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pH using APT-MRI

Amide Proton Transfer is a form of Chemical Exchange Saturation Transfer MRI that exploits endogenous amide groups to measure cellular information such as pH normally only available from spectroscopy methods but with higher resolution.

Images from CEST research


Yunus Mysaib, Robert Brand (FMRIB Centre), Kevin Ray (Oncology), Yee Kai Tee (Alumnus)


Nic Blockley, Peter Jezzard (FMRIB Centre)
George Harston, James Kennedy (OxAVIC)
Nicola Sibson (Oncology)


The signal that generates an MR image can be destroyed using saturation pulses tuned to the resonant frequency of water in the magnetic field. If the saturation is applied off resonance the effect is reduced. However, some extra saturation can be seen in particular frequency ranges, where the saturation hits the resonances of protons attached to other molecules. Where these protons are in chemical exchange with water, for example in amide groups, the saturation can be transferred from from these molecules to water where it can be observed. This mechanism called Chemical Exchange Saturation Transfer (CEST) can be exploited to measure information about these molecules even where their concentrations are relatively low.

For amide groups the saturation effect depends both upon the number of these groups and also the rate at which the proton exchange occurs. The latter depends on pH and thus CEST in the form of Amide Proton Transfer (APT) MRI provides a measure that is sensitive to changes in pH that might arise for example in ischaemic tissue using only endogenous amide bearing molecules.


The size of the APT effect is confounded by the direct saturation of water as well as other exchange mechanisms present that also modulate the MR image intensity. We have been investigating model-based approaches to APT quantification that attempts to isolate the pH based effect from other sources of signal change.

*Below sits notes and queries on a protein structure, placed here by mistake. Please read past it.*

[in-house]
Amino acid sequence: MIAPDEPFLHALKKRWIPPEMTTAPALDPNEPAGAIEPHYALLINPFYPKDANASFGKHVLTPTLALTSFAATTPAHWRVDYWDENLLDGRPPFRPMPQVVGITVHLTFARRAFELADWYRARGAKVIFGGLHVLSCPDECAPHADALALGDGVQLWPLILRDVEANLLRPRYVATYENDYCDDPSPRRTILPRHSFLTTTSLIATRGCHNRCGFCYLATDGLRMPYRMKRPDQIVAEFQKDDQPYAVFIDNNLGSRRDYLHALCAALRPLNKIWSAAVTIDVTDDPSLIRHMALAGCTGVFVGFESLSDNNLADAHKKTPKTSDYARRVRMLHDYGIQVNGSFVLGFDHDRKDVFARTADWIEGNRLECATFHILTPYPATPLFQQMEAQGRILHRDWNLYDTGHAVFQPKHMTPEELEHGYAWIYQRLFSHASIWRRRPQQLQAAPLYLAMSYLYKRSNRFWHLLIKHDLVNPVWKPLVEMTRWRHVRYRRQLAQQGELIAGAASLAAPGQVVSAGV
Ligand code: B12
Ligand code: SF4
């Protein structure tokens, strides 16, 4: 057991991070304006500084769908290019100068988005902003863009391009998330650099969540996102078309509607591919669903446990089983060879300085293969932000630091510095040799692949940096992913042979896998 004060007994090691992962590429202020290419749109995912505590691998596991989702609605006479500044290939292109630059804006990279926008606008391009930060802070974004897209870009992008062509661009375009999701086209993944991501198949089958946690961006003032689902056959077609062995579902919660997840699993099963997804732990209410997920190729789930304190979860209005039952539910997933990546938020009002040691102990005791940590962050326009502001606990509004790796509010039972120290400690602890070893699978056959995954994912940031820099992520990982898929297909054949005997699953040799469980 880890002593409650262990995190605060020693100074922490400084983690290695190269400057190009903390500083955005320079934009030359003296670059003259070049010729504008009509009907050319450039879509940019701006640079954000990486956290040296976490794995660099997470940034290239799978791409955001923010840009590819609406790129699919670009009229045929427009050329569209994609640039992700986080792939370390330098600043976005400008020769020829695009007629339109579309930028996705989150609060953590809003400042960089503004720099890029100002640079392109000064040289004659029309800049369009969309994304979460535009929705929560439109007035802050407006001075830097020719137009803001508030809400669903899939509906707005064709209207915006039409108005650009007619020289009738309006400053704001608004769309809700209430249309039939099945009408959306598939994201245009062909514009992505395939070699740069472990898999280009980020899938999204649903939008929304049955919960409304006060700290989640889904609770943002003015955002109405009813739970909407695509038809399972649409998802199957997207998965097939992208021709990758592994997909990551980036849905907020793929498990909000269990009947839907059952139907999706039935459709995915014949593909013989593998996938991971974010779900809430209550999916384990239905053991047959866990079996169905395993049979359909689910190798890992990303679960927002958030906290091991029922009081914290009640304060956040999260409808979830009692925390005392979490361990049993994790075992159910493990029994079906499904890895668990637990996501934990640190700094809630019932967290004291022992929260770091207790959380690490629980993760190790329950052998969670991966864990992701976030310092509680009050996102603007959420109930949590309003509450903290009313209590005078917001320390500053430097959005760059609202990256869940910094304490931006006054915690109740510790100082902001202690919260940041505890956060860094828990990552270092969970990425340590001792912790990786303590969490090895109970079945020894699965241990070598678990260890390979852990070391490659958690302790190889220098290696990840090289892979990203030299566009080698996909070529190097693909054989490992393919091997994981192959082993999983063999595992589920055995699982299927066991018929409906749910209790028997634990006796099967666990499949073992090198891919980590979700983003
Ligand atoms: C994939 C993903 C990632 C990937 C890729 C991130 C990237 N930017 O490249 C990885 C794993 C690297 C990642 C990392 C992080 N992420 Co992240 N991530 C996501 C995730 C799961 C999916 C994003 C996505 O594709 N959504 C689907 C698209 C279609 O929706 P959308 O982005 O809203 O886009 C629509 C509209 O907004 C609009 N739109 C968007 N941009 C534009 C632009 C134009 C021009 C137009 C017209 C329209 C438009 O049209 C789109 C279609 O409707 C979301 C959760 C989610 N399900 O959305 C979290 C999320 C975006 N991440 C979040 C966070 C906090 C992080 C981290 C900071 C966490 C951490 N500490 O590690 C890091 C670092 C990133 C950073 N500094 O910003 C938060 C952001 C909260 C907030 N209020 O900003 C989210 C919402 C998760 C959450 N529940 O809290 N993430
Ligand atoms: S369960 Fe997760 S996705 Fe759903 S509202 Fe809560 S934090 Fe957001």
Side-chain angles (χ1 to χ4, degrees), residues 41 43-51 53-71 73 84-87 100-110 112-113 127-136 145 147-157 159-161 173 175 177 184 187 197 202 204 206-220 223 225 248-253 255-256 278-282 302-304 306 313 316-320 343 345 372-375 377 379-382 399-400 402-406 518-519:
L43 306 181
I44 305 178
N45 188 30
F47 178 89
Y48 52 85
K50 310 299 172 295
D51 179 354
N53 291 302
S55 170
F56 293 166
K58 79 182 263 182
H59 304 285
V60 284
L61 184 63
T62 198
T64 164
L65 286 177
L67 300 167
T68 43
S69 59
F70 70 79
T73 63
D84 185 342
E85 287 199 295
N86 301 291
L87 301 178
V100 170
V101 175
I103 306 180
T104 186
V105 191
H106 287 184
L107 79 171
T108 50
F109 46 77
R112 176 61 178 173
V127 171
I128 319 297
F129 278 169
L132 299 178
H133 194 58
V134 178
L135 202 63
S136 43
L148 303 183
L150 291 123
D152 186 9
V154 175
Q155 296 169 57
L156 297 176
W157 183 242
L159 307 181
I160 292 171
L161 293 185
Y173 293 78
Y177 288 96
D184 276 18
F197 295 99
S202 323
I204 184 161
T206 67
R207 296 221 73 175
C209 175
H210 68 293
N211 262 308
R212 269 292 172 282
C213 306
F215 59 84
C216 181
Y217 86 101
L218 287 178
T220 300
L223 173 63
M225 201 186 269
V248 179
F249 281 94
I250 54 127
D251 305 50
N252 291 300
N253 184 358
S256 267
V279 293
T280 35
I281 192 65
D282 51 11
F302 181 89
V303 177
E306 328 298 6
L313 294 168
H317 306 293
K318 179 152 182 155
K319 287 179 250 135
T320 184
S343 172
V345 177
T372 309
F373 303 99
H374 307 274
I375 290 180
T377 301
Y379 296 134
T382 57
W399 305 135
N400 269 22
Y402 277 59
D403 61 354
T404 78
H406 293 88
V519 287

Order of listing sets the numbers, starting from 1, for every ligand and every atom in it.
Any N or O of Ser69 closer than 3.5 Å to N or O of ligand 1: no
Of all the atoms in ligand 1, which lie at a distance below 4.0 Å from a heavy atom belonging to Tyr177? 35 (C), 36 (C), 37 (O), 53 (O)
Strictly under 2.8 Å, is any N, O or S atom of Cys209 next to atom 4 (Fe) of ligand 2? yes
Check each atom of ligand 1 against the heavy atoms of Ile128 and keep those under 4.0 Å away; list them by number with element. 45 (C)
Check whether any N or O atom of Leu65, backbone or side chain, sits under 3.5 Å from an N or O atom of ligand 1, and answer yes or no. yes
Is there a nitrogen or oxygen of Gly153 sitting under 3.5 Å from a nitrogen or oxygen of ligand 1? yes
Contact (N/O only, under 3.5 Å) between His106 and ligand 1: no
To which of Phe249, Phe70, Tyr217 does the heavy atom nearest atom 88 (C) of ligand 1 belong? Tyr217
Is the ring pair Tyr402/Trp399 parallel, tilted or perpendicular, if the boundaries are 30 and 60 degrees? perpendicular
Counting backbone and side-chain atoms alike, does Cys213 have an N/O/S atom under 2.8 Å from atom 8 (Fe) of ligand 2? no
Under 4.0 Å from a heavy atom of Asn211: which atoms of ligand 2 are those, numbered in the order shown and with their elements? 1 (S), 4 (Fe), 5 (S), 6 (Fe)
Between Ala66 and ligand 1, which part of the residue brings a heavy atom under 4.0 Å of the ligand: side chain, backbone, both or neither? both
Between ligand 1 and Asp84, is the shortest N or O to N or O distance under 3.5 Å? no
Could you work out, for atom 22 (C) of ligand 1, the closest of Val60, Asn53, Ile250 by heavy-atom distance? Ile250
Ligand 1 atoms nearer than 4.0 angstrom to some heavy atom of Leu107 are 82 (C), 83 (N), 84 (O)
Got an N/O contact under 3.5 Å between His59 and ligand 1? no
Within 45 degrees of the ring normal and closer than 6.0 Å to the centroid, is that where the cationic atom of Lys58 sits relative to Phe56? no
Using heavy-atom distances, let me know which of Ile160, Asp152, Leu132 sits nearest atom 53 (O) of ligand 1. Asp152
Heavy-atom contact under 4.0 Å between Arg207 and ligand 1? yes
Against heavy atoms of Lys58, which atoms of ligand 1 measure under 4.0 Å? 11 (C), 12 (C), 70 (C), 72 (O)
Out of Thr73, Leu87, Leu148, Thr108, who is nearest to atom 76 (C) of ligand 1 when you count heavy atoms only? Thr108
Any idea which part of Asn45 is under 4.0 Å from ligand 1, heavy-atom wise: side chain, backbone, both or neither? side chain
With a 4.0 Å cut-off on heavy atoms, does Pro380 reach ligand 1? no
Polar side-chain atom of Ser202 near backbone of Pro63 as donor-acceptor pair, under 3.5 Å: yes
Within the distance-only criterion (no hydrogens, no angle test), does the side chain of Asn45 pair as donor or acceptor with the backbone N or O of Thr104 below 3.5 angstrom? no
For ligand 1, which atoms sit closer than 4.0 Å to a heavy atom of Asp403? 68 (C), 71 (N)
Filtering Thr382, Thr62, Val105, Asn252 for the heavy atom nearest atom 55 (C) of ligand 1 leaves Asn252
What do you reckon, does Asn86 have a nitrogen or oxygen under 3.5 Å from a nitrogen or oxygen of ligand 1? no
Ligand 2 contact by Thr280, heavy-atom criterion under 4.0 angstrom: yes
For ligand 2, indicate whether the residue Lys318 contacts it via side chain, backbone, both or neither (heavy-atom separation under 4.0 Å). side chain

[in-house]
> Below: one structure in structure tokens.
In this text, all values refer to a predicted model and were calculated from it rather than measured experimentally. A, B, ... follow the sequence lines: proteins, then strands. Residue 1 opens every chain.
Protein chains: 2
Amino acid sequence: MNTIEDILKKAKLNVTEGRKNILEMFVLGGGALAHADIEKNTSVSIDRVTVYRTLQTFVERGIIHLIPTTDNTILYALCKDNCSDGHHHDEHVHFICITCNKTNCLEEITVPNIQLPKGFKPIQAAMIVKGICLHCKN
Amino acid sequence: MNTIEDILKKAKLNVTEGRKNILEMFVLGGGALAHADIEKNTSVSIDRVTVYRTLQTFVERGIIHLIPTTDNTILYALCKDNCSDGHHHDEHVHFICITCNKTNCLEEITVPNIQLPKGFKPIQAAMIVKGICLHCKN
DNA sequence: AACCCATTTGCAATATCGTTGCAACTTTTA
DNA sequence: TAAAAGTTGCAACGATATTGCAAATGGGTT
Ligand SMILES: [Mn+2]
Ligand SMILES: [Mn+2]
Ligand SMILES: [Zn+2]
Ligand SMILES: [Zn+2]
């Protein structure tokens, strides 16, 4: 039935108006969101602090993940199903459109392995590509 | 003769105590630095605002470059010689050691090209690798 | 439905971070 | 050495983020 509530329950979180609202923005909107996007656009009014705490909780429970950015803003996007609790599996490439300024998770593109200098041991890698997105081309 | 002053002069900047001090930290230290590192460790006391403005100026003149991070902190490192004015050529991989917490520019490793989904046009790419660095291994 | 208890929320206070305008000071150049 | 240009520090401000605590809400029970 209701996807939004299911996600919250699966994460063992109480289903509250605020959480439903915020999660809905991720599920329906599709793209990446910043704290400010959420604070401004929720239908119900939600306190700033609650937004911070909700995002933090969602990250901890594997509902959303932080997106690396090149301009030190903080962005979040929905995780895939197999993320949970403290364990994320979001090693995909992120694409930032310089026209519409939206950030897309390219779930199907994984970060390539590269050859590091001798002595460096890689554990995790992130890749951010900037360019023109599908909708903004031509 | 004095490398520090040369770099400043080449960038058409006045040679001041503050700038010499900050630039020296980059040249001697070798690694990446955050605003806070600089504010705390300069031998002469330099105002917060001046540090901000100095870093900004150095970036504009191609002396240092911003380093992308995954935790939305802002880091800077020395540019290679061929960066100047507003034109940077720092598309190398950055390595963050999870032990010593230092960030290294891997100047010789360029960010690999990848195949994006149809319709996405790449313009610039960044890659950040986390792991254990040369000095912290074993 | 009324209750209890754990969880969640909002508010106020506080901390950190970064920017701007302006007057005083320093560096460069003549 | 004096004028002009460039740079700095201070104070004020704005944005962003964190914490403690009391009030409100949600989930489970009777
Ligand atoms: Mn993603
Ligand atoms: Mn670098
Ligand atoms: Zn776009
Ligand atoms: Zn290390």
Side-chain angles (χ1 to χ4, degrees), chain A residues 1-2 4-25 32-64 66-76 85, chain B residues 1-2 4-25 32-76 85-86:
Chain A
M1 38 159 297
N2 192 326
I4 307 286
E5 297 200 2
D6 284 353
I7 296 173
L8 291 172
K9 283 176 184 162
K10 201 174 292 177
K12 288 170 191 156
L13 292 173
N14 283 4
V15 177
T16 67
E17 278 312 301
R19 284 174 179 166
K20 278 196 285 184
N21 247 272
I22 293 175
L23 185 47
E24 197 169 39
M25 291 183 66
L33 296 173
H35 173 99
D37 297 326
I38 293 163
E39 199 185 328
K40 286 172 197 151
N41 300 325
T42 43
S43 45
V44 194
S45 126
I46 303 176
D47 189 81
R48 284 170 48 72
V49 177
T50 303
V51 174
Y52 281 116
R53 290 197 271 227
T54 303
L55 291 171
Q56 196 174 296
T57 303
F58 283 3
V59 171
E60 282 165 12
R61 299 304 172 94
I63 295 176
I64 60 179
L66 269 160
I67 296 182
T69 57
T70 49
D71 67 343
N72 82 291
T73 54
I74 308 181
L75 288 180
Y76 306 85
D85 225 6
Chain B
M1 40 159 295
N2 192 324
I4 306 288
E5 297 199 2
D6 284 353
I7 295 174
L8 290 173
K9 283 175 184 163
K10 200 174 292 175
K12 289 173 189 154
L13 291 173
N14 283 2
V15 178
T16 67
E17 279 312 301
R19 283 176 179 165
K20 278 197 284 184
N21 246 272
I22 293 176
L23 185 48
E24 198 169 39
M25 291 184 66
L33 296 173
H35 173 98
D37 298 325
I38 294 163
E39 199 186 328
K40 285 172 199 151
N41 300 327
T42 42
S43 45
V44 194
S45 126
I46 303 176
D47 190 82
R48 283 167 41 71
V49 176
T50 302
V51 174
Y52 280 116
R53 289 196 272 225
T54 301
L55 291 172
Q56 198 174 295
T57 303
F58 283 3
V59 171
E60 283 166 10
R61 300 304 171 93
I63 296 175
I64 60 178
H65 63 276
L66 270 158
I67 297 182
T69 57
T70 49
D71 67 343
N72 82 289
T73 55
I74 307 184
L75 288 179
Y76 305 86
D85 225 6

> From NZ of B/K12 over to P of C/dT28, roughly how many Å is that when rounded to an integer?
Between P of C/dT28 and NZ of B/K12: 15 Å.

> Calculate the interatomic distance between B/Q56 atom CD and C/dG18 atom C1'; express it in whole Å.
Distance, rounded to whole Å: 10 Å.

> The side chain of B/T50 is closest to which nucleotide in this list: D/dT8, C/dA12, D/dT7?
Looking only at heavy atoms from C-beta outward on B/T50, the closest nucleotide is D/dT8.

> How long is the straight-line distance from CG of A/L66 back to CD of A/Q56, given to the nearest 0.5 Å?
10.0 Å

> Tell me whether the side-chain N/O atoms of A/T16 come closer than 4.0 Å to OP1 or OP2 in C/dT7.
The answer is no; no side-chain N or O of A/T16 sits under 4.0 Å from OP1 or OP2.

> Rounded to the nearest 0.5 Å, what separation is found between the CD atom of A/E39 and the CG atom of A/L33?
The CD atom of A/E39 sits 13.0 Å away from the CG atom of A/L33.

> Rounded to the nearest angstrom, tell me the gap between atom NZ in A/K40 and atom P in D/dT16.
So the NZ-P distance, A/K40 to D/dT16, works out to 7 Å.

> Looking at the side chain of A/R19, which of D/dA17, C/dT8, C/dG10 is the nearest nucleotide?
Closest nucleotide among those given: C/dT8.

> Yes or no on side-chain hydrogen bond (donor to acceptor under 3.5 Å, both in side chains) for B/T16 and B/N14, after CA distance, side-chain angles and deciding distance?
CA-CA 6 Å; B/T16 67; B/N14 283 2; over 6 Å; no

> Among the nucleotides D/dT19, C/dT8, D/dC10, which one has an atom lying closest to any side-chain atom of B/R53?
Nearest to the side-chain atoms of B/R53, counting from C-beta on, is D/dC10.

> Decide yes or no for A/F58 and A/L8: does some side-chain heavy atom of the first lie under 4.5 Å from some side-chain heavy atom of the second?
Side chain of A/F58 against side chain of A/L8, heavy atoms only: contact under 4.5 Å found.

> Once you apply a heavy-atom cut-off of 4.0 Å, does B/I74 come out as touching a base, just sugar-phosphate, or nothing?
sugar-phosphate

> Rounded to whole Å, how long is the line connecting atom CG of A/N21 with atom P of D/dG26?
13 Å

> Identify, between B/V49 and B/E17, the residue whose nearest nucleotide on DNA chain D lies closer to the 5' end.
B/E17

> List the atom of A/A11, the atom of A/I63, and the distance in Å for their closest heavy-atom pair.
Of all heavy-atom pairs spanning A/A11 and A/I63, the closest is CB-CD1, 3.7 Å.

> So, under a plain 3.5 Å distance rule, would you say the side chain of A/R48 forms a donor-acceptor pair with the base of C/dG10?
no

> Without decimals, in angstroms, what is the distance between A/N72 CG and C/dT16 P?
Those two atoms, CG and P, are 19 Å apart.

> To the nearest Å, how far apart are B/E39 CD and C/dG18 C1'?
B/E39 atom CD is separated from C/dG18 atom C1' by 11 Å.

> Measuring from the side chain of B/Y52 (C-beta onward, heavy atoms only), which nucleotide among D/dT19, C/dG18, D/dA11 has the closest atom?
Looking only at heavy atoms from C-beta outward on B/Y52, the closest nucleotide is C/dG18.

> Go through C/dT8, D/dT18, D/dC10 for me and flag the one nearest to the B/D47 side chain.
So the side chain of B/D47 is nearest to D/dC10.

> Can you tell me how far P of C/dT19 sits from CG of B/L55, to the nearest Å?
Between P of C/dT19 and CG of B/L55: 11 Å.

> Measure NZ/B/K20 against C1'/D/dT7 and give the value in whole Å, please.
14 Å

We are working with Peter Jezzard (FMRIB Centre) and James Kennedy (OxAVIC) on the use of APT pH measurements for treatment decision support in acute ischaemic stroke and with Nicola Sibson (Oncology) to use CEST measures to identify pH changes in tumours.


Software for the model-based analysis of CEST data is available as the command line tool BayCEST as part of the FMRIB Software Library.

Selected Publications

Harston, G. W. J., Tee, Y. K., Blockley, N., Okell, T. W., Thandeswaran, S., Shaya, G., Sheerin,F., Cellerini, M., Payne, S.J., Jezzard, P., Chappell, M.A., Kennedy, J.
Identifying the ischaemic penumbra using pH-weighted magnetic resonance imaging.
Brain, 138(Pt 1), 36–42. doi:10.1093/brain/awu374

Chappell, M. A., Donahue, M. J., Tee, Y. K., Khrapitchev, A. A., Sibson, N. R., Jezzard, P., & Payne, S. J.
Quantitative Bayesian model-based analysis of amide proton transfer MRI.
Magnetic resonance in medicine, doi:10.1002/mrm.24474

Tee, Y. K., Khrapitchev, A. A., Sibson, N. R., Payne, S. J., & Chappell, M. A.
Evaluating the use of a continuous approximation for model-based quantification of pulsed chemical exchange saturation transfer (CEST).

Journal of Magnetic Resonance, 222(C), 88–95. doi:10.1016/j.jmr.2012.07.003